Leading charity highlights support for people with dementia ahead of World Mental Health Day

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A leading charity has warned that people with dementia in Wales are at risk of depression and anxiety, particularly in the early stages following a diagnosis.

The Alzheimer Society Cymru is highlighting the problem on World Mental Health Day on October 10 and has given advice to caregivers and family members to help support those with the disease.

According to the World Health Organization, one in eight people lives with a mental health problem.

The theme for this year’s World Mental Health Day is “Making mental health and well-being for all a global priority”.

There are 900,000 people with dementia in the UK, including around 50,000 in Wales. Cheryl James, Cymru Area Manager for the Alzheimer’s Society, said: “While people can live well with dementia, some people can experience depression and anxiety, often after a diagnosis but also at other times. other times.

“For some people, it could be directly related to them worrying about their memory and their future.

“That’s why it’s so important to reassure a person with dementia that they are still valued and that their feelings matter, and to try to shield them from outside stress as much as possible.

“If you are caring for someone with dementia, you can help them by identifying appropriate activities and stimulations to help them stay involved and engaged, and by encouraging social interaction and relationships with others. »

The charity has given advice to close friends and family of people with dementia, who may be worried about their mental wellbeing.

Talk to them about their feelings – if someone is feeling depressed or anxious, or if something very upsetting or traumatic has happened to them, they may find it helpful to tell someone close. (Patience and understanding will be more helpful than trying to “cheer up” the person.)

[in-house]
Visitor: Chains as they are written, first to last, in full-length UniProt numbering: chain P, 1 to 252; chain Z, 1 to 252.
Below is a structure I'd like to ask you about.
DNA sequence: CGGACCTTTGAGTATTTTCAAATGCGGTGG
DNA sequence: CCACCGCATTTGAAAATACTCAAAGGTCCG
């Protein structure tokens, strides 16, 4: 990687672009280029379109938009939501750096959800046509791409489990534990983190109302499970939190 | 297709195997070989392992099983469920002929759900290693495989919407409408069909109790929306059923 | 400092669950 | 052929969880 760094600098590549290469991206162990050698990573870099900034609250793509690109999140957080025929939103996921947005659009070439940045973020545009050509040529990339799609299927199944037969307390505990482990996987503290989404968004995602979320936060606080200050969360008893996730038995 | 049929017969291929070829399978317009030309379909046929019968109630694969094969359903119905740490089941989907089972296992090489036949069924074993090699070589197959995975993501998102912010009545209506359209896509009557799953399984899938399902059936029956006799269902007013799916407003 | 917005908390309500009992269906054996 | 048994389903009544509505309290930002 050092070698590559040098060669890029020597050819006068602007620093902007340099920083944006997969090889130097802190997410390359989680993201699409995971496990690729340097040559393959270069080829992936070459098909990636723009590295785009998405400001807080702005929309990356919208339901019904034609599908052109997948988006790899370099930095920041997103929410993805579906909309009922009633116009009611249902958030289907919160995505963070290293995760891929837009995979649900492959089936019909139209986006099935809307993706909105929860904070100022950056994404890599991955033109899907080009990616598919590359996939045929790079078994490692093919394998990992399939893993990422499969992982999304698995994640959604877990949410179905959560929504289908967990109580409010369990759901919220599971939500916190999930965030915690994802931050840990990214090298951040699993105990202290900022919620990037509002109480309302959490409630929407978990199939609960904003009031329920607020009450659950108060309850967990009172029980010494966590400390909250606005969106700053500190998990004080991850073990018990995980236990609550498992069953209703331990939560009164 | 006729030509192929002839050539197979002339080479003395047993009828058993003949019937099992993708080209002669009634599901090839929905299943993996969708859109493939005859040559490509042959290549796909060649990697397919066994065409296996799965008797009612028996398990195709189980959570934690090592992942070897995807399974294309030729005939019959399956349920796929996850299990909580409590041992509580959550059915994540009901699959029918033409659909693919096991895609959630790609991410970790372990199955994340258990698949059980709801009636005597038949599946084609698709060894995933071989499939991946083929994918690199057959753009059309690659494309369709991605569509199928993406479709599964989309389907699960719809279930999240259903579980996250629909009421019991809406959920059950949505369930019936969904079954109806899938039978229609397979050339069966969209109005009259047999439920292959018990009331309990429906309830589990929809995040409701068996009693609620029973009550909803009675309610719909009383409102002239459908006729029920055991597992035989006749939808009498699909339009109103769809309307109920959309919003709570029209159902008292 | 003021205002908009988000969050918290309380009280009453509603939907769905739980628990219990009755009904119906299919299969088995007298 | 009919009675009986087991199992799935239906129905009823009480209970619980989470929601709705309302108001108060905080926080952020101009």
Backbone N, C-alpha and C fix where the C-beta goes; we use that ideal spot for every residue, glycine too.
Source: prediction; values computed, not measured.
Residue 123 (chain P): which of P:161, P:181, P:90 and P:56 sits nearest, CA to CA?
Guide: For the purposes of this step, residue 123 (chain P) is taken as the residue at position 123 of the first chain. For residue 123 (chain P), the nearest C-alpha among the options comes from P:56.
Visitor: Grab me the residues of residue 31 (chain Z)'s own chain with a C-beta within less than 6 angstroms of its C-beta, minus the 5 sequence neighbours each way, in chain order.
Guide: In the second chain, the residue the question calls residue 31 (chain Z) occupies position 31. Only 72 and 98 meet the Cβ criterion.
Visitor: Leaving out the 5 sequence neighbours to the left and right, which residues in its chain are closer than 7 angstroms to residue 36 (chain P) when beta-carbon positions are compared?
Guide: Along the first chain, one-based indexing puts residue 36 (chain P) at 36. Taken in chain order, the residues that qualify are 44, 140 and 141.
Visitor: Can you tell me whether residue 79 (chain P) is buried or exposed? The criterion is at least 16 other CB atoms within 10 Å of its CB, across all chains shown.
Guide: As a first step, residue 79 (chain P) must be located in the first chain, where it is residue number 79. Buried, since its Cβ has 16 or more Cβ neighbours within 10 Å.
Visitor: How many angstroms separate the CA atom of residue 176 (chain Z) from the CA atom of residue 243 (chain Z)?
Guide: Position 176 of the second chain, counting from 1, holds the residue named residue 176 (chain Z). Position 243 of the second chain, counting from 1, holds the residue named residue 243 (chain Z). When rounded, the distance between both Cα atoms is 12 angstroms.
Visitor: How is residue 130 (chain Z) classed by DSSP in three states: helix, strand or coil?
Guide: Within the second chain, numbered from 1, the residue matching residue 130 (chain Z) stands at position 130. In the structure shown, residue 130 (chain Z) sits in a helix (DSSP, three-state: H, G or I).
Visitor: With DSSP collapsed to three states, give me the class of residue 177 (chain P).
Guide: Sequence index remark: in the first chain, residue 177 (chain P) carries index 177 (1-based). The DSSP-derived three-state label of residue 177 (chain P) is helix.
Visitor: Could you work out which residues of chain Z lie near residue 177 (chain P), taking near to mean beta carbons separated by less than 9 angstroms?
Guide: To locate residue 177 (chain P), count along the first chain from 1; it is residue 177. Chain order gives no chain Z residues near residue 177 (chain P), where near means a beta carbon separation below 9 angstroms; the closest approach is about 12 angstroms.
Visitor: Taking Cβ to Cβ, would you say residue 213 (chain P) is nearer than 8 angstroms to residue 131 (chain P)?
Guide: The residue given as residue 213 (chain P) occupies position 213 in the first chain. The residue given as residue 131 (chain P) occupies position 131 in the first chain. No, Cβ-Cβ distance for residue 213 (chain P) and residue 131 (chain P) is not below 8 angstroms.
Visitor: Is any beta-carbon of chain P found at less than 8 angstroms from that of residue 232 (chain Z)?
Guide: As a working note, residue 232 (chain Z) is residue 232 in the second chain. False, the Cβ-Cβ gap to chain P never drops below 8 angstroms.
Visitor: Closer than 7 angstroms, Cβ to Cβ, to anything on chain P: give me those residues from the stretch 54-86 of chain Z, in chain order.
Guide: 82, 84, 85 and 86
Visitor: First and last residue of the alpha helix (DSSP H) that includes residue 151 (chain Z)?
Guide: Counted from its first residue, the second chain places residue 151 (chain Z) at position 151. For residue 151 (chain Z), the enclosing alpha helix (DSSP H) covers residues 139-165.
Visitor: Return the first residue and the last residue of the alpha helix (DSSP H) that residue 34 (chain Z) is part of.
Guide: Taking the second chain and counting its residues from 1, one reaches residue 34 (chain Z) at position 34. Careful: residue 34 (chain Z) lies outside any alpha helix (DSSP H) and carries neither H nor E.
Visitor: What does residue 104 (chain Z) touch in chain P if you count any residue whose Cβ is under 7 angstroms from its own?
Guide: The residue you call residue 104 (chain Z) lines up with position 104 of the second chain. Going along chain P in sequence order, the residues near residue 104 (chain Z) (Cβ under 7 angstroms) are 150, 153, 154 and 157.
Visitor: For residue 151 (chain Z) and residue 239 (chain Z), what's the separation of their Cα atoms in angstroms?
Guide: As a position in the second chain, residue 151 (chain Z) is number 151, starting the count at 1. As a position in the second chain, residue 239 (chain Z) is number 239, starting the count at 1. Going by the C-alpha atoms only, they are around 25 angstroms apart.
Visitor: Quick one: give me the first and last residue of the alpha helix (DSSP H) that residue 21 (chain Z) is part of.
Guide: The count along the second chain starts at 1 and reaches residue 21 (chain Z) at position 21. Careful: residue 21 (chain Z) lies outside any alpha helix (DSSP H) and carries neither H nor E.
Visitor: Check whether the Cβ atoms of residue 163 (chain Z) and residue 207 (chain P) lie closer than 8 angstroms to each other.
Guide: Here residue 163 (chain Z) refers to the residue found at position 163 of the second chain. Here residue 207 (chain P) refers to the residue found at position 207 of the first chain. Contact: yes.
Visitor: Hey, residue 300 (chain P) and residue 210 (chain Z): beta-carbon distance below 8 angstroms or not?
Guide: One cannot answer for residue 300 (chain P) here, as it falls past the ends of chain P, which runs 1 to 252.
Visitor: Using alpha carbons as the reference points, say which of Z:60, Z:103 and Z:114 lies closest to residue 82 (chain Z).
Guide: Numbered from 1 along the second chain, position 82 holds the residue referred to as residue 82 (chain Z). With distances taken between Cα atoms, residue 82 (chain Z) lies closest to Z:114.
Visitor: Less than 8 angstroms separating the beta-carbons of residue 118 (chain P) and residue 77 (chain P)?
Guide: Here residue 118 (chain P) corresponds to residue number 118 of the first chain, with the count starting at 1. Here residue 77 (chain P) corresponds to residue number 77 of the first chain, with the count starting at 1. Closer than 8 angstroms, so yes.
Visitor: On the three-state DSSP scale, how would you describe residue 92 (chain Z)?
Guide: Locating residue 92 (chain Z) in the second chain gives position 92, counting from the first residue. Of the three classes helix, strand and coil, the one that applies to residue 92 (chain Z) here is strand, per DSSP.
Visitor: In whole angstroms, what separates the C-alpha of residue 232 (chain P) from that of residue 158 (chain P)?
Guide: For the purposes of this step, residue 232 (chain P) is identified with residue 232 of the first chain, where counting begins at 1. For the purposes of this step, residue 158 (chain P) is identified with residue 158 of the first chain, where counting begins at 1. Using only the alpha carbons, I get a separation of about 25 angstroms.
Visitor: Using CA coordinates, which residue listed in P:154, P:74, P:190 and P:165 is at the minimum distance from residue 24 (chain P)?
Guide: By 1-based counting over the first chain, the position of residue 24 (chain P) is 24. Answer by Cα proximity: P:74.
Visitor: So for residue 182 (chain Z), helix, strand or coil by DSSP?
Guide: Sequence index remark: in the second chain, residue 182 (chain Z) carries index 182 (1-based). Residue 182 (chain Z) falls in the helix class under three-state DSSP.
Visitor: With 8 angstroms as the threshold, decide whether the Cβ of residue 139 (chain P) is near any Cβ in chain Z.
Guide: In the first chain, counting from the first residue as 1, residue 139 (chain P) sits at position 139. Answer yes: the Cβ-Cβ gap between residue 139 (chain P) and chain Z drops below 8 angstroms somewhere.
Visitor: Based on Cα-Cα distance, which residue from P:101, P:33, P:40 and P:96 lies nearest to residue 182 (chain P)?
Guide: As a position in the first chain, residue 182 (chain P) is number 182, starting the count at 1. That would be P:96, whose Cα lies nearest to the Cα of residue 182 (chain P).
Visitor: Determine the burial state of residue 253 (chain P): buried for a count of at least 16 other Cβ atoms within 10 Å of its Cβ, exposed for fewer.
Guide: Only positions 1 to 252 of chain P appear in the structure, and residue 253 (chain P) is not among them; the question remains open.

Offer support to help them maintain social contact with other people – this will help them feel less isolated and retain their sense of identity.

Persevere with treatment – the person’s family should encourage him to continue taking his medication or consulting his therapist even if the improvement seems slow at first.

stay active – physical exercise is good for relieving feelings of anxiety and depression and can also help people with sleep disturbances and apathy. Helping the person do other activities that they enjoy will often help as well.

Adopt a healthy diet – a poor diet can contribute to feelings of anxiety and depression, as can alcohol and caffeine. So it’s a good idea to try to eat a healthy diet and not drink too much alcohol or caffeinated beverages.

Cheryl added: “No one should face dementia alone. We want everyone affected by dementia to know that whoever you are, whatever you are going through, you can turn to the Alzheimer Society for emotional support, information and advice.

“You can call our Dementia Connect helpline on 0333 150 3456 (Welsh language helpline on 03300 947 400) to speak to one of our empathetic dementia counsellors, or visit our website alzheimers.org .uk where there is a wealth of information to help people with dementia cope with depression and anxiety.


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